The other week when I posted a picture of Owen eating, I got a lot of direct messages about what I’m feeding him and where we started.
We introduced food to Owen at around 5 1/2 months or so. We made the decision to introduce food at this point for two reasons:
- He had been showing interest in what we were eating (watching us intently while we ate, reaching for the food off our plates, etc.) for about 2-3 weeks prior to that and I wanted to support that interest
- He had begun mostly sleeping through the night at that point (meaning he was missing a full feeding or two)
We started first with pureed sweet potatoes. We did that once a day for about 2-3 days (to ensure no allergic reaction signs popped up) then we introduced pureed apples. We repeated that pattern, introducing new foods every 2-3 days (he’s had pears, peaches, blueberries, apricots, bananas, avocados, spinach, peas, green beans, pumpkin, broccoli, carrots…and probably more that I’m just forgetting at this point!). By day 3, I would offer him pureed foods about 3 times a day (around 1 hour after his milk feeding). I also started mixing in rice cereal with 2 of his “meals” on about day 3 or so.
His general “food” schedule looks something like this:
8am: 2-4 oz. fruit with 1-2 tablespoons rice cereal
12pm: 2-4 oz. fruit + 2-4 oz. veggie + 1-2 tablespoons rice rice
4pm: 2-4 oz. fruit + 2-4 oz. veggie
As you can see – he’s not adding too much. Other than sleeping through the night now, he’s still nursing/drinking bottles the same as he had been. In terms of amounts, these are generally what I’ll offer him. Sometimes he’ll eat all and more, other times he’ll take a few bites and be done. I go with his cues, never forcing him to eat more or less.
In terms of recipes, I’ve mostly been relying on the books my sister-in-law gave me that she used with her kids. Like the ones I shared on my Instagram stories, they’re super simple right now. The most complicated they’ve gotten has been to mix different fruits with different vegetables. Once I start introducing more complicated meals, I’ll be happy to post those recipes if there’s interest!
On Baby-Led Weaning (BLW)
One last note before I sign off on this post. I know BLW is a big question on a lot of mom’s minds these days so I did want to address it.
Because we were introducing food to Owen on the earlier side developmentally, and because we were doing it to help supplement the meals he was missing throughout the night (he’s always been smaller and I didn’t want him to fall off his growth curve), I didn’t consider BLW to be right for us at that point.
There are a few important things to consider before beginning BLW.
First off, your child needs to have the appropriate musculature development to support this approach. Before considering it, your child should at the very least be able to:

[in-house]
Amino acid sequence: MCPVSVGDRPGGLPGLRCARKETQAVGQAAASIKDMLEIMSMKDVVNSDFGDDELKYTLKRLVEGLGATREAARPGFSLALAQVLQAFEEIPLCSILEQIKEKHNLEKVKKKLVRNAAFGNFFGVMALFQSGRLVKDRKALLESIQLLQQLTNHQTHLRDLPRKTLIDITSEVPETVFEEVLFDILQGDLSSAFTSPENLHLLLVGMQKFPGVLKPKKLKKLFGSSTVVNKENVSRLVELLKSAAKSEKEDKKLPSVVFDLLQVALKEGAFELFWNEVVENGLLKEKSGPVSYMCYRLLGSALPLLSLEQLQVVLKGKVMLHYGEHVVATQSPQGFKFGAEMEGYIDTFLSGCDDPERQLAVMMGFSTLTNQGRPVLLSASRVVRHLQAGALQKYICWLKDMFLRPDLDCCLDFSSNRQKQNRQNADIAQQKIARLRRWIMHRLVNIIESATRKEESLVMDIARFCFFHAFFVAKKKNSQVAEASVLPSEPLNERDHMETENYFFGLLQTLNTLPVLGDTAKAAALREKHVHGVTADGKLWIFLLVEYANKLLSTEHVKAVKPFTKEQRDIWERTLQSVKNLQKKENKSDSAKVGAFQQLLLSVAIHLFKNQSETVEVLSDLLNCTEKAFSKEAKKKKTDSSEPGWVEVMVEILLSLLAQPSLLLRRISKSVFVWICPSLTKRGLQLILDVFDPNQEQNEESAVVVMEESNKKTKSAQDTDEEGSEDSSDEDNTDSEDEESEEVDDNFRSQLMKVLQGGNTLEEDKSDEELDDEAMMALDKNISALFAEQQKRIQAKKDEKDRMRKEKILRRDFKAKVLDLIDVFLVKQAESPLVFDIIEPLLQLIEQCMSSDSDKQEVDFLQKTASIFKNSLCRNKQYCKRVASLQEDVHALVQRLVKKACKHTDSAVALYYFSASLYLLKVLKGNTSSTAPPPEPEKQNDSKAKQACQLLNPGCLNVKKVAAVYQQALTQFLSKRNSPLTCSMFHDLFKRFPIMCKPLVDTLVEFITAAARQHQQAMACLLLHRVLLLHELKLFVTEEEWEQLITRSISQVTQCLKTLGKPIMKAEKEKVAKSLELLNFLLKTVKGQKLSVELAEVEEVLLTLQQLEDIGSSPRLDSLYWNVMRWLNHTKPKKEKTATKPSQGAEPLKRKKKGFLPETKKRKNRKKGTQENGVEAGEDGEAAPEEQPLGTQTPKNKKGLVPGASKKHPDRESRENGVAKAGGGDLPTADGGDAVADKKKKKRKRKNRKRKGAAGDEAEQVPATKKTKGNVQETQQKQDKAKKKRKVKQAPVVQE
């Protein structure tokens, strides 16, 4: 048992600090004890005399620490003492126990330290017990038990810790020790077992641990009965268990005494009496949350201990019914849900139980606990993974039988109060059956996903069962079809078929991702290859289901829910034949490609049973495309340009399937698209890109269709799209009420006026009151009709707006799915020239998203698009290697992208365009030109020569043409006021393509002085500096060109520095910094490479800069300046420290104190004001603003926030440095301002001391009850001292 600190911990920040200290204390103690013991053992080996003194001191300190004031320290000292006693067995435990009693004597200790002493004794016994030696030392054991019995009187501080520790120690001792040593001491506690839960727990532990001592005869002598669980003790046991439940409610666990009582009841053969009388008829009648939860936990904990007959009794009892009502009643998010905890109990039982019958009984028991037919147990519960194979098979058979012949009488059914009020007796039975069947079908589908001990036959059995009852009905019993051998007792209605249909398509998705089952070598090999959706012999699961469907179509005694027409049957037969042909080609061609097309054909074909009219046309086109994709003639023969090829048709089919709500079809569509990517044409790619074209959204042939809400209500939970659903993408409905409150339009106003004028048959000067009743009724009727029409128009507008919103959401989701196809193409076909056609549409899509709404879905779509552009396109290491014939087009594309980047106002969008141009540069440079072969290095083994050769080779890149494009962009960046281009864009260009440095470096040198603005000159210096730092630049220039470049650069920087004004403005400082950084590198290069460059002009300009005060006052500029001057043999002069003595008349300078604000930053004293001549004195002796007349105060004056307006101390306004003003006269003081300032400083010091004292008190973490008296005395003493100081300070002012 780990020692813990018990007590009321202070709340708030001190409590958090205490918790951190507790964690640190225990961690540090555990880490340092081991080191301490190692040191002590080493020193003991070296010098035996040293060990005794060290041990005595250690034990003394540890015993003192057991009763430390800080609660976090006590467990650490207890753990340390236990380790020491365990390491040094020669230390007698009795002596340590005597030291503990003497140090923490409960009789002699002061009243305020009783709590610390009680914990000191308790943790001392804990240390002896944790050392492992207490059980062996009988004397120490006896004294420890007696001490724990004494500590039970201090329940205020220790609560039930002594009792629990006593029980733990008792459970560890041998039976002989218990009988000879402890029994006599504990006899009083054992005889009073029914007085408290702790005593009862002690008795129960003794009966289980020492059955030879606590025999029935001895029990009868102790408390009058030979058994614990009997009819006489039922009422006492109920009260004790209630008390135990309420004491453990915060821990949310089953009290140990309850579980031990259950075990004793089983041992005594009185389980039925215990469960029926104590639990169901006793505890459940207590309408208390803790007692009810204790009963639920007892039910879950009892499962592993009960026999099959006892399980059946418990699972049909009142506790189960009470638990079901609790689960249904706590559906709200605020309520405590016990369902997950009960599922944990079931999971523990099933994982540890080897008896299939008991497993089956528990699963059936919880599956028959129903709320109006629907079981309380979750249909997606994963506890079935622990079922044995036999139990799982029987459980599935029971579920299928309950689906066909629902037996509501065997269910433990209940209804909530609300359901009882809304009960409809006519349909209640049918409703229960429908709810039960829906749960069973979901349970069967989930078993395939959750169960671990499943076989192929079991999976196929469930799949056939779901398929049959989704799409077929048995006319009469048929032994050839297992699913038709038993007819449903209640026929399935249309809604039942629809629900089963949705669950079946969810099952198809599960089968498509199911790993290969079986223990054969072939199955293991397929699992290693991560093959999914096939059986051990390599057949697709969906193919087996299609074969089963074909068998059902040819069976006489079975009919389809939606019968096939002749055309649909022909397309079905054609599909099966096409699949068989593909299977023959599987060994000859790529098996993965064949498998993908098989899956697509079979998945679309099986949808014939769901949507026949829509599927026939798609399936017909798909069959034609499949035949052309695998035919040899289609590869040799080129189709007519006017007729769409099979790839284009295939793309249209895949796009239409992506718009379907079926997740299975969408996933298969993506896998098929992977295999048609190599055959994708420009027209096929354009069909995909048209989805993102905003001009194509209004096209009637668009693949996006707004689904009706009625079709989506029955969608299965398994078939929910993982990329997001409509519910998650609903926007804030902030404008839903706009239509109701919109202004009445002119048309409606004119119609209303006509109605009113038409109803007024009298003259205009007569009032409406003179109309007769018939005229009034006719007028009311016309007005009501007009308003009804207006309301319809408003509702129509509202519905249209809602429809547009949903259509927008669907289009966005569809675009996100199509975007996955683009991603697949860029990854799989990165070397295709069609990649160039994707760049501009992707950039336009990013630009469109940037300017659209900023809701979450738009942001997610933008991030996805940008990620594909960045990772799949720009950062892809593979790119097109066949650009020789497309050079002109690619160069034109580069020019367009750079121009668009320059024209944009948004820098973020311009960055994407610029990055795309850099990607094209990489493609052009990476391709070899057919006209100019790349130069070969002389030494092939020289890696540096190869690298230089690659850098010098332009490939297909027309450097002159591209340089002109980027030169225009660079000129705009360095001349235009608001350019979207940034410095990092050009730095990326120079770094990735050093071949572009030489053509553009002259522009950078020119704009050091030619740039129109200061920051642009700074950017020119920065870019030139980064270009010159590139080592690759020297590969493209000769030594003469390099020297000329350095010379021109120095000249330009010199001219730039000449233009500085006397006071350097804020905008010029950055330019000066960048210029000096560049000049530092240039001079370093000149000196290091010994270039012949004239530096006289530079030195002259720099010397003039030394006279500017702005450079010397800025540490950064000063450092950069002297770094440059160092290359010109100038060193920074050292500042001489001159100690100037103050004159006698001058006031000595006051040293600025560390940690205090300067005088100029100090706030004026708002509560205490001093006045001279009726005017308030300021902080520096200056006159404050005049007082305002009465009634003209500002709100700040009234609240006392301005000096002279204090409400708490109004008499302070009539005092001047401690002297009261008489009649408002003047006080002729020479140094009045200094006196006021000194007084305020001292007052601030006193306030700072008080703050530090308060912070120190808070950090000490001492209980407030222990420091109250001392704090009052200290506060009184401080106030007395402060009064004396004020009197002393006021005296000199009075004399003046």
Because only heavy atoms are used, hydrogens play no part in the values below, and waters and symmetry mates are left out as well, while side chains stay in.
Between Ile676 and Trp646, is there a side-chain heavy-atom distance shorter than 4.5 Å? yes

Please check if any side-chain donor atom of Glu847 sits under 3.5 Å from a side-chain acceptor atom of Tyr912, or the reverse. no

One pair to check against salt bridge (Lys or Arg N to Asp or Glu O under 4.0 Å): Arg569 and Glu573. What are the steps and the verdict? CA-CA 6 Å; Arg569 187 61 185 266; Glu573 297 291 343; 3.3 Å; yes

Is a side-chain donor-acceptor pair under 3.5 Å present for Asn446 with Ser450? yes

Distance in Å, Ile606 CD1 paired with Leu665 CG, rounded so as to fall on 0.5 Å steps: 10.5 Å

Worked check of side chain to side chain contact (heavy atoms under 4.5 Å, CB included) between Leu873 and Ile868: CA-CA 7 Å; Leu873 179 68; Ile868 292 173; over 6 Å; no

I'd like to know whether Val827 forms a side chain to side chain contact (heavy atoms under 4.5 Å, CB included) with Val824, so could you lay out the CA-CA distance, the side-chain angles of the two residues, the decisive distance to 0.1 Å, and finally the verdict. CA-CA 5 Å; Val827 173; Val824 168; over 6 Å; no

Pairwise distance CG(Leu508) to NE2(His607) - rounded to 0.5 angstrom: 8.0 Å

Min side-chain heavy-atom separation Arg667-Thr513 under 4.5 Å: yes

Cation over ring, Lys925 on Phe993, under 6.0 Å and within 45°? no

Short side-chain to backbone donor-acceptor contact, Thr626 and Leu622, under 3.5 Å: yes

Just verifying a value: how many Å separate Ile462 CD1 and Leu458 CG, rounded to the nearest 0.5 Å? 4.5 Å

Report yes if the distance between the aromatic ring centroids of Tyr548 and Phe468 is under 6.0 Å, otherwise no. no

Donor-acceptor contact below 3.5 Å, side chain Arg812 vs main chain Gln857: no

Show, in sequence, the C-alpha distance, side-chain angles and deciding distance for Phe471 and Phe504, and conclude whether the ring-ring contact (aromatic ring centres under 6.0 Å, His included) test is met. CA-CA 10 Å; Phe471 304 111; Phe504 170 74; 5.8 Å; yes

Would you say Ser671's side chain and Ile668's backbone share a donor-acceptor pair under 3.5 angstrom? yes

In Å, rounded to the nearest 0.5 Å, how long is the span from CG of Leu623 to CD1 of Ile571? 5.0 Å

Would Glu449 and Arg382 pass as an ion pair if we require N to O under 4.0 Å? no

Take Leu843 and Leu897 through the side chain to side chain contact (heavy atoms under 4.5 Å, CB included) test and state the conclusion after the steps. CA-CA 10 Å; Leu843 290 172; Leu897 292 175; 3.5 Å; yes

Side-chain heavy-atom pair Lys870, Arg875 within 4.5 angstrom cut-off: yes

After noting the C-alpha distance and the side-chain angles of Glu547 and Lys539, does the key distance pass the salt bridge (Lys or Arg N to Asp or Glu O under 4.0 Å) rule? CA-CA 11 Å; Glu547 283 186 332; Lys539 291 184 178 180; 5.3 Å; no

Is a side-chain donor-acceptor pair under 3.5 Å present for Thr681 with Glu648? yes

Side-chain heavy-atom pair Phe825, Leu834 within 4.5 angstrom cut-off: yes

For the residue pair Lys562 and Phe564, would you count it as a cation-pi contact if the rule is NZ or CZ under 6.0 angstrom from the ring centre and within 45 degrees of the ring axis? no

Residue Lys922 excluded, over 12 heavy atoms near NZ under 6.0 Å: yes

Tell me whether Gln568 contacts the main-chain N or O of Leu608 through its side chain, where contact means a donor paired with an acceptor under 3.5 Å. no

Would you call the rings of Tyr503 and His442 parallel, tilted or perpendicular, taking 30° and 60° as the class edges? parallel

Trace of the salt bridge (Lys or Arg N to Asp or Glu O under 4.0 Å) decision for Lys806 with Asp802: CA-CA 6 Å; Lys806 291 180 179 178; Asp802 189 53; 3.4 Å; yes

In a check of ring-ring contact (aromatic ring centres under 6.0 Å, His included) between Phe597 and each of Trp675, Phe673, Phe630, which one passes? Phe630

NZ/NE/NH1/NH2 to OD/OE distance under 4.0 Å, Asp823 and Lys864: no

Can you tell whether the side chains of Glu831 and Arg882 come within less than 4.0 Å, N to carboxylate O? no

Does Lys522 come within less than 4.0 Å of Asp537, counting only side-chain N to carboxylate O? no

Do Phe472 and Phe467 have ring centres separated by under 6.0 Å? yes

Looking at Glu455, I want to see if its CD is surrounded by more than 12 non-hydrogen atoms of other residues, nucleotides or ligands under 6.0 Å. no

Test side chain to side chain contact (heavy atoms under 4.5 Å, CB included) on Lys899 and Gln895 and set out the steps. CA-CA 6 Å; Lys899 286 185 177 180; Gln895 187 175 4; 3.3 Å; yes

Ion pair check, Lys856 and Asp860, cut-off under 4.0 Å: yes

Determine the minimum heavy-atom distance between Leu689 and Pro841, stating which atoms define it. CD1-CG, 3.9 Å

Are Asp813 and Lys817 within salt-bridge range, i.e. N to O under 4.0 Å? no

- Sit up on their own with minimal support
- Lift themselves up when laying on their tummy
Secondly, BLW is not necessarily going to get extra nutrition into your child, as it’s really them leading the show. To quote babyledweaning.com:
It’s ‘baby-led’ in the sense that you let them do what they need to do while they’re learning, and as the parent you resist the urge to get wound up in knots about how much they’re eating, whether they like the food you thought they’d like and whether it’s smushed into the nearest curtain. The main thing is… it’s all good clean (messy) fun.
So they very well may take in nutrition, but it’s no guarantee (as is evidenced by the comment above that it could end up mushed into the nearest curtain). It’s important to remember that yes, you want your baby to explore and have fun with food, but also that he or she has real nutritional needs. In general, when you first begin introducing food (whether with purees or BLW), your nursing/bottle feeding routine should remain more or less unchanged in order to meet those needs.
It’s also important to note that at around 6 months, the iron stores a baby is born with have nearly depleted. With BLW, you’re likely not providing your child iron-fortified cereal (a typical first food for babies), so it’s important to either ensure you’re working to include high-iron foods (such as eggs, lentils, ground beef) or to talk to your pediatrician about the need for supplementation.
All of that said, I do think there are important benefits to baby-lead weaning such as allowing babies to tune into their internal hunger and fullness cues! I’m by no means trying to discourage interested parents from utilizing BLW, it just didn’t happen to be the right next step for us. For those that are interested in it, I would just say, do your research to make sure both you and your baby are ready for it and to ensure it’s being carried out correctly.4